As delivered at BBC Radio Bristol an hour ago, my thought for Budget Day 2014:
Which question do you find easier to answer, 'How do you feel?' or 'What do you think?'
Most people have a preference.
I hate being asked how I feel. It stops me and makes me er (beat) think. How do I feel? I don't know.
Sports reporting is interested in feelings. Exhausted and strained an athlete will have a microphone thrust under their nose and be asked, 'How do you feel?'
The tired victor might say they are over the moon. An easy, feelingsy statement.
Today's question, 'Do I feel better off?'
The danger with feelings is that I can feel good about the economy for many reasons. Having no more dependent children at home made me feel a bit sad and yet richer. My feelings may buck the trend. A victim of a mugging may not agree that crime figures are down. Even if they are.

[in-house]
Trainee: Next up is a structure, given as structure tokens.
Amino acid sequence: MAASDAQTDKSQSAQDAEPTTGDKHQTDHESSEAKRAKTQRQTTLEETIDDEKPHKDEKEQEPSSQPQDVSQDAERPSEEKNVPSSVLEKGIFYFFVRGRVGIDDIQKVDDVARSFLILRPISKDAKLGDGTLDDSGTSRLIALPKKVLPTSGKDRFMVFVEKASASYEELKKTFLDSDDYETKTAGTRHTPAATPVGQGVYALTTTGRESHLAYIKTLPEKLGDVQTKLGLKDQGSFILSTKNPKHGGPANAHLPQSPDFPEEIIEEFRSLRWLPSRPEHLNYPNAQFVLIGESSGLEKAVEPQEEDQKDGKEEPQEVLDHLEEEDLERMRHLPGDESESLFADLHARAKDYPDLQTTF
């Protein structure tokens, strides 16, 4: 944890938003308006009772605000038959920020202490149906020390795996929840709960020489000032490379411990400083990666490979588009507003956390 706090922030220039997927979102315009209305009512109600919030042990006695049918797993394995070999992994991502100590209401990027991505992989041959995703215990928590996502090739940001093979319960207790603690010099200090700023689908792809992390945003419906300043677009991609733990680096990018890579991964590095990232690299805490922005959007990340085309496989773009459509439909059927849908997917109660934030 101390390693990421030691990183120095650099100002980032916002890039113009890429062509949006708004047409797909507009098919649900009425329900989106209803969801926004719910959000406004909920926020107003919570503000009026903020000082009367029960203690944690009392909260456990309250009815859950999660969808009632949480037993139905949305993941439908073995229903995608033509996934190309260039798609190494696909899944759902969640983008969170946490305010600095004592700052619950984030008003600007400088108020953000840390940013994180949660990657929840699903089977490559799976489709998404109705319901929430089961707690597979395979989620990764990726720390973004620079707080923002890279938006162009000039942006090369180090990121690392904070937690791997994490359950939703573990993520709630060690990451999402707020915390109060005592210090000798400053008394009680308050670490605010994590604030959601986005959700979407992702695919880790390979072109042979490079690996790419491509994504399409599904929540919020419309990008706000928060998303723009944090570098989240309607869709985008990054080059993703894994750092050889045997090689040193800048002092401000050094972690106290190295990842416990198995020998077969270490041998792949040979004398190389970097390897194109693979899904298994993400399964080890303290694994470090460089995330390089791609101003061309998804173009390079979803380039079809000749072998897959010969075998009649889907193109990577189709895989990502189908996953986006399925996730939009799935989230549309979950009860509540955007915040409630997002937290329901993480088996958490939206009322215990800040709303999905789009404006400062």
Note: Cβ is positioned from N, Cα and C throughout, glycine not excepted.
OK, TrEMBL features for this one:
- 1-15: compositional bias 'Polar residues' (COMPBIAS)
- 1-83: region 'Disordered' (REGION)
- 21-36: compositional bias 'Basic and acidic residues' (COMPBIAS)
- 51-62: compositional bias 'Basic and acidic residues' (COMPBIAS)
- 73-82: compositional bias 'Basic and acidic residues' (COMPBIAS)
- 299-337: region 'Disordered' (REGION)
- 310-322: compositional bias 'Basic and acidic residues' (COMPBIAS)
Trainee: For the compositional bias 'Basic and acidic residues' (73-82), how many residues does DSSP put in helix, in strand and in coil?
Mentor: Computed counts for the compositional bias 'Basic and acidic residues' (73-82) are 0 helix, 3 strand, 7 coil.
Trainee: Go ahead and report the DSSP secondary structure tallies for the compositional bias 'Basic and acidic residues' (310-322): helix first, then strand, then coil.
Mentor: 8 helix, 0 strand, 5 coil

To rephrase the question. 'Do I think I am better off?'
The danger with thinking is working out the truth. Today stats will be flung about. £650bn here and £730bn there. In our political world getting at the truth is hard, especially when political opponents are lobbing statistics at each other as if they are opposites when in fact both are correct. They'd argue about a snooker ball. This ball is red. No it's not, it's round. Both true.
No wonder it says, to get right the Bible verse that lots of people get wrong, 'The love of money is a root of all kinds of evil.' Most of the Bible's words about money are couched in the negative.
So, amidst the smoke and mirrors, listen out today for competing truths and beware of your unreliable feelings.